Holistic Wellness for Firefighters – Who’s looking out for our first responders?
Published: 7/07/2023
Author: Robbi King, Solutions Engineer at Vector Solutions

The public relies on first responders like firefighters to keep them safe. We take solace in knowing these heroes protect our lives while on the job. But who is keeping our first responders safe and healthy? While supporting physical well-being is top of mind (and should be), we also need to make sure we have safety nets in place for the mental toll of this line of work.

Physical preparedness
Firefighting is a dangerous profession, not only in action where the risks are more clear, but also in terms of the occupational hazard of cancer-causing substances. Over time, increasing evidence validates the risk of developing cancer for those in the fire service. According to U.S. Fire Administration, firefighters have a 9% higher chance of developing cancer and a 14% higher chance of dying from it.

With so many potential run-ins with hazardous material, it is imperative to closely and regularly monitor for any health abnormalities. We should be utilizing technologies to help solve this challenge through software solutions that include features like exposure tracking to ensure increased screening when appropriate.

Mental preparedness
Firefighters are 5 times more likely to suffer from PTSD. It is important for teams to support one another while simultaneously holding each other accountable. Sometimes that may mean taking a step back from their role to prioritize their personal safety and mental health. This is another area that technology software solutions should be used. Prioritizing first responders’ mental health by monitoring behavioral changes and intervening before an adverse event takes place will help address the mental health concerns dominant in the industry. Organizations looking to implement technology like this should look for performance-tracking management tools to help mitigate the risk of ongoing dangers. This kind of proactive solution is imperative for recognizing positive performance and preventing adverse events.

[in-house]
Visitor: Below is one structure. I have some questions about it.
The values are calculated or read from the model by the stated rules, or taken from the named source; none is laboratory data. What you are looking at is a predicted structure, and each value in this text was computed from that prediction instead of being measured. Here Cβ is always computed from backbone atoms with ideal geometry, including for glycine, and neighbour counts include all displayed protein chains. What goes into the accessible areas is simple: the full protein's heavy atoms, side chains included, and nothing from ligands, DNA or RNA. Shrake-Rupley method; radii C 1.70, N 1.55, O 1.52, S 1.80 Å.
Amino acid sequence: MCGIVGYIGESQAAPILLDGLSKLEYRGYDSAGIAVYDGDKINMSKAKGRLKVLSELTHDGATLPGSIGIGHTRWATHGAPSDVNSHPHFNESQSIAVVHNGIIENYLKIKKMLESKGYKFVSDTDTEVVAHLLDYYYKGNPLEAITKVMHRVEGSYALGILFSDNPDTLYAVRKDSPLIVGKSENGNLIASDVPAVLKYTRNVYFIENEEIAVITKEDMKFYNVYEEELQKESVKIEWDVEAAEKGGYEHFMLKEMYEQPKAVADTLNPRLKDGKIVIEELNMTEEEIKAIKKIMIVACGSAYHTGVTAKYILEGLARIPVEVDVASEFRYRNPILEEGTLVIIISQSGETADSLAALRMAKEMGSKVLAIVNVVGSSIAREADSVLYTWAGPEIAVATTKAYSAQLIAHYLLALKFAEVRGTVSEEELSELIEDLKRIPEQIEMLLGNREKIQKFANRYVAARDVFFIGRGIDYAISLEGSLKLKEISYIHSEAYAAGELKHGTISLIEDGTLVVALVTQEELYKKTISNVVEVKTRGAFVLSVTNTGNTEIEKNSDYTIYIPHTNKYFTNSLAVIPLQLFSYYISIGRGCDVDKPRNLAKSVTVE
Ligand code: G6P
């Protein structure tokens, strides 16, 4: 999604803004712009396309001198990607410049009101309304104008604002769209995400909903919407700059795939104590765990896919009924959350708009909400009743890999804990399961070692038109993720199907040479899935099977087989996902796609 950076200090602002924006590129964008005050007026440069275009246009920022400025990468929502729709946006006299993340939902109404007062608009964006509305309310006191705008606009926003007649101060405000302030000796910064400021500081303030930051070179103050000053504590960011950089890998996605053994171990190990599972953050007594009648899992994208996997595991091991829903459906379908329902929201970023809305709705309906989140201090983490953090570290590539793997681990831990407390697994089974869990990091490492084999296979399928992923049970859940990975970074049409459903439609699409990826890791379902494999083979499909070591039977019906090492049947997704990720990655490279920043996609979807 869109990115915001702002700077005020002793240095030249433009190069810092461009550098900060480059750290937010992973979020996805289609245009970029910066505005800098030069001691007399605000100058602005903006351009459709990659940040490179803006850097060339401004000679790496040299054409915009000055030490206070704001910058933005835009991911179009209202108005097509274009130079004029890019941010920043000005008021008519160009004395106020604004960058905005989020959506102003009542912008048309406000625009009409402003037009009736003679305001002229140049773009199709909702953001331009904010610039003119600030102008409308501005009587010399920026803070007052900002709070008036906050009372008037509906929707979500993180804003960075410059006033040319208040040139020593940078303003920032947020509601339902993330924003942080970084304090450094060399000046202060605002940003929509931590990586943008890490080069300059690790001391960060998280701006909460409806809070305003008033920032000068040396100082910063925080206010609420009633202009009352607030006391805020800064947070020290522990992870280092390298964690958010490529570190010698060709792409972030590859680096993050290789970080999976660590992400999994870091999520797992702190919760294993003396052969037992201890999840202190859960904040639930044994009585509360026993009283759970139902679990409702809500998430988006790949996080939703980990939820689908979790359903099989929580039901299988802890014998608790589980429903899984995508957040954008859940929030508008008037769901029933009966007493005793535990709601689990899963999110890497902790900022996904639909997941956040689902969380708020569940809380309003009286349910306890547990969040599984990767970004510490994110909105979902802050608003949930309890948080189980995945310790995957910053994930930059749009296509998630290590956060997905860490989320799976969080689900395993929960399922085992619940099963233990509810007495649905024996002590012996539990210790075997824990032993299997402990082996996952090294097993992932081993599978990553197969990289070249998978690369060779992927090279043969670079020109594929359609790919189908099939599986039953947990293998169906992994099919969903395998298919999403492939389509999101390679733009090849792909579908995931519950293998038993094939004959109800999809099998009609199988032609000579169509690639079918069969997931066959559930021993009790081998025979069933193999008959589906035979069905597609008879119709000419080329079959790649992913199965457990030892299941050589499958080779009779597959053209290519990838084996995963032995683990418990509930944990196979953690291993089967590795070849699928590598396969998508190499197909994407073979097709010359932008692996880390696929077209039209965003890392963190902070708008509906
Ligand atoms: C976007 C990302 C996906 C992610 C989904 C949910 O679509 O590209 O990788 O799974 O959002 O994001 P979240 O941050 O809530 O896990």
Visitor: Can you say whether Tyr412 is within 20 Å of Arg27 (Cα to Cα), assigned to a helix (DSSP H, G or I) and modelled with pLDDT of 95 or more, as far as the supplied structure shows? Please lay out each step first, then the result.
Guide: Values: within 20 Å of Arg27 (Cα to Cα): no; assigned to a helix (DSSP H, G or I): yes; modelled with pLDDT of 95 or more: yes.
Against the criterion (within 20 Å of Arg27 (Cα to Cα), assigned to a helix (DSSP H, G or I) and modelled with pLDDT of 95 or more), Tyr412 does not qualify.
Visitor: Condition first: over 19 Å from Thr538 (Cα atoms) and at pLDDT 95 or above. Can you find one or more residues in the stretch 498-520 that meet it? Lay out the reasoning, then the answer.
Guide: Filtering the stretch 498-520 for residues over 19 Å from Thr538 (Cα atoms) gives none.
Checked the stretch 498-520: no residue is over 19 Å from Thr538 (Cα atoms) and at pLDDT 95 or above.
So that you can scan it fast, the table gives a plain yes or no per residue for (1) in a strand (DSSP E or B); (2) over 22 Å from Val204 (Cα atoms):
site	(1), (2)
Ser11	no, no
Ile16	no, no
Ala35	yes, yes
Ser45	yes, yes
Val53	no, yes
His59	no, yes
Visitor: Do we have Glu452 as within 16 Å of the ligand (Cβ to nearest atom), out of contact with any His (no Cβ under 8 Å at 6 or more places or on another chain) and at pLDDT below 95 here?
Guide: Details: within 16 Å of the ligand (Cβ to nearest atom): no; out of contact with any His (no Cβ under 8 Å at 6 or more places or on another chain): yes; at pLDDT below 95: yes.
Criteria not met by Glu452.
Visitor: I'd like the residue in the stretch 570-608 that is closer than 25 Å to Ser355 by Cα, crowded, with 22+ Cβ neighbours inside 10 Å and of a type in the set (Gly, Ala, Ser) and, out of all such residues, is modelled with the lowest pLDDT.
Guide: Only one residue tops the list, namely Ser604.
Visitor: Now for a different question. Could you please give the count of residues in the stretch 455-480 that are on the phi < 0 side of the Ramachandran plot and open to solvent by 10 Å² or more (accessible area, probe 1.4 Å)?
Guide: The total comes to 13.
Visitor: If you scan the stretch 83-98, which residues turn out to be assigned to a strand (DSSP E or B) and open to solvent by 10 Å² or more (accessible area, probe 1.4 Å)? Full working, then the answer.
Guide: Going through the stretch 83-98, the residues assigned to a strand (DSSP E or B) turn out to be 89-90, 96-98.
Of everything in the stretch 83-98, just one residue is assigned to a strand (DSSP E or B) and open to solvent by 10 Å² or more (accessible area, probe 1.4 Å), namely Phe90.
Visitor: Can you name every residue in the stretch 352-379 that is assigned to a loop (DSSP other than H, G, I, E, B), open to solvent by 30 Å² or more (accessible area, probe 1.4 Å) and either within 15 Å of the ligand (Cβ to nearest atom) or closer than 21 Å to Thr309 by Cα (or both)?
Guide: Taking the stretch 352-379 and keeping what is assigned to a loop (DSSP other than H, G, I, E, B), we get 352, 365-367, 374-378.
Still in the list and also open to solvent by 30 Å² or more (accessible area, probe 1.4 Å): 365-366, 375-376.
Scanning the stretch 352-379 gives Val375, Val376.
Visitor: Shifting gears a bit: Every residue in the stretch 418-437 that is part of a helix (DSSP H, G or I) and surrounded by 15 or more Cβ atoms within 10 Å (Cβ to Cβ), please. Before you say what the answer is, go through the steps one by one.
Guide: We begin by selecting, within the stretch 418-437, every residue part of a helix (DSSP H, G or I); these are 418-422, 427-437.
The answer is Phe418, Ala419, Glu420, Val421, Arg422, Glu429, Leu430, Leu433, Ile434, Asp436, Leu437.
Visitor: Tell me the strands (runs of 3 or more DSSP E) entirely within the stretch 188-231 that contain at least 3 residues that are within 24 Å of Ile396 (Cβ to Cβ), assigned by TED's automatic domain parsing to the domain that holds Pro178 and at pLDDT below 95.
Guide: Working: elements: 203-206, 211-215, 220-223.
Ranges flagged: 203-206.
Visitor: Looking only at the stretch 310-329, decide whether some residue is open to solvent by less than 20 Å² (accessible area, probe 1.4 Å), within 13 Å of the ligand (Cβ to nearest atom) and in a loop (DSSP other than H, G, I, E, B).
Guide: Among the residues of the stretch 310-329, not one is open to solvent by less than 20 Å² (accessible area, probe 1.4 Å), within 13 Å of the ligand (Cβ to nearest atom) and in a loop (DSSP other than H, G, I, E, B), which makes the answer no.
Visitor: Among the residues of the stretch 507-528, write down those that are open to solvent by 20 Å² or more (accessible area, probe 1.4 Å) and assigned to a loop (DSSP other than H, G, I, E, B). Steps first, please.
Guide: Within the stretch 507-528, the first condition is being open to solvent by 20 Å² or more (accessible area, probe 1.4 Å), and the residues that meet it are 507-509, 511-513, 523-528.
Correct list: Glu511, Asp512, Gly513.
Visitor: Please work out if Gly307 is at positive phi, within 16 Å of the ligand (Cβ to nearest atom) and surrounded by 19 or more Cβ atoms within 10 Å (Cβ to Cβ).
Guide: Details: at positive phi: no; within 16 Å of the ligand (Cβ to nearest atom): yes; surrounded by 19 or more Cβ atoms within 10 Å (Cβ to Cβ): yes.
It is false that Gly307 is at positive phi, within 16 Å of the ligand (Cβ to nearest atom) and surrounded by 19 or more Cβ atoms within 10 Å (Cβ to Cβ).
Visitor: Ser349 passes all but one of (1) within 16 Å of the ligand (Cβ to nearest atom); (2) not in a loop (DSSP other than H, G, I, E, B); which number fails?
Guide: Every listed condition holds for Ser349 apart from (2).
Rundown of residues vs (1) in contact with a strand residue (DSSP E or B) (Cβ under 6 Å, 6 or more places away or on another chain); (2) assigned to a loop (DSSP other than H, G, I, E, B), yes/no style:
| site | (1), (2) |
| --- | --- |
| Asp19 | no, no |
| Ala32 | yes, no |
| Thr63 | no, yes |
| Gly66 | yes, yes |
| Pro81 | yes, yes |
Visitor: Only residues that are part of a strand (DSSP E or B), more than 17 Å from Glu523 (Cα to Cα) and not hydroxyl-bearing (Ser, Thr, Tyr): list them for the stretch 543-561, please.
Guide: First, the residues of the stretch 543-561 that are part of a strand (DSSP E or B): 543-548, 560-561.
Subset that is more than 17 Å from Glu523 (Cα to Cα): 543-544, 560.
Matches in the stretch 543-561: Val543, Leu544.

Training preparedness is crucial for mission success in these high-pressure situations. However, field training isn’t the only type of training important for firefighters, as they also need regular, proactive training on addressing the mental toll of routinely seeing disasters and human suffering.

Out in the world
Prior to my retirement, we had just implemented CISM debriefs after difficult calls. While we had attendance, the level of engagement was not there, so the debriefs ultimately weren’t effective. A fantastic colleague of mine was struggling heavily - unknown to the rest of us because we didn’t catch the warning signs such as a lower level of patient care and decreased training. Of course, we wanted to help and had good intentions, but without a system to do so, that level of visibility wasn’t available. Unfortunately, they ultimately left the profession due to the toll.

These kinds of preventable circumstances are all too common - and we need to employ every tool at our disposal to circumvent these situations before they occur. Beyond technology, check in with your brothers and sisters - showing commitment beyond the call of duty can make a big difference.

Ultimately, firefighters need support systems that allow them to care for their health, physical or mental. While the fire industry has - and will - face continued challenges in getting every firefighter home safely, there are software solutions available to help close that gap and ensure our brave men and women can get home safely each night.

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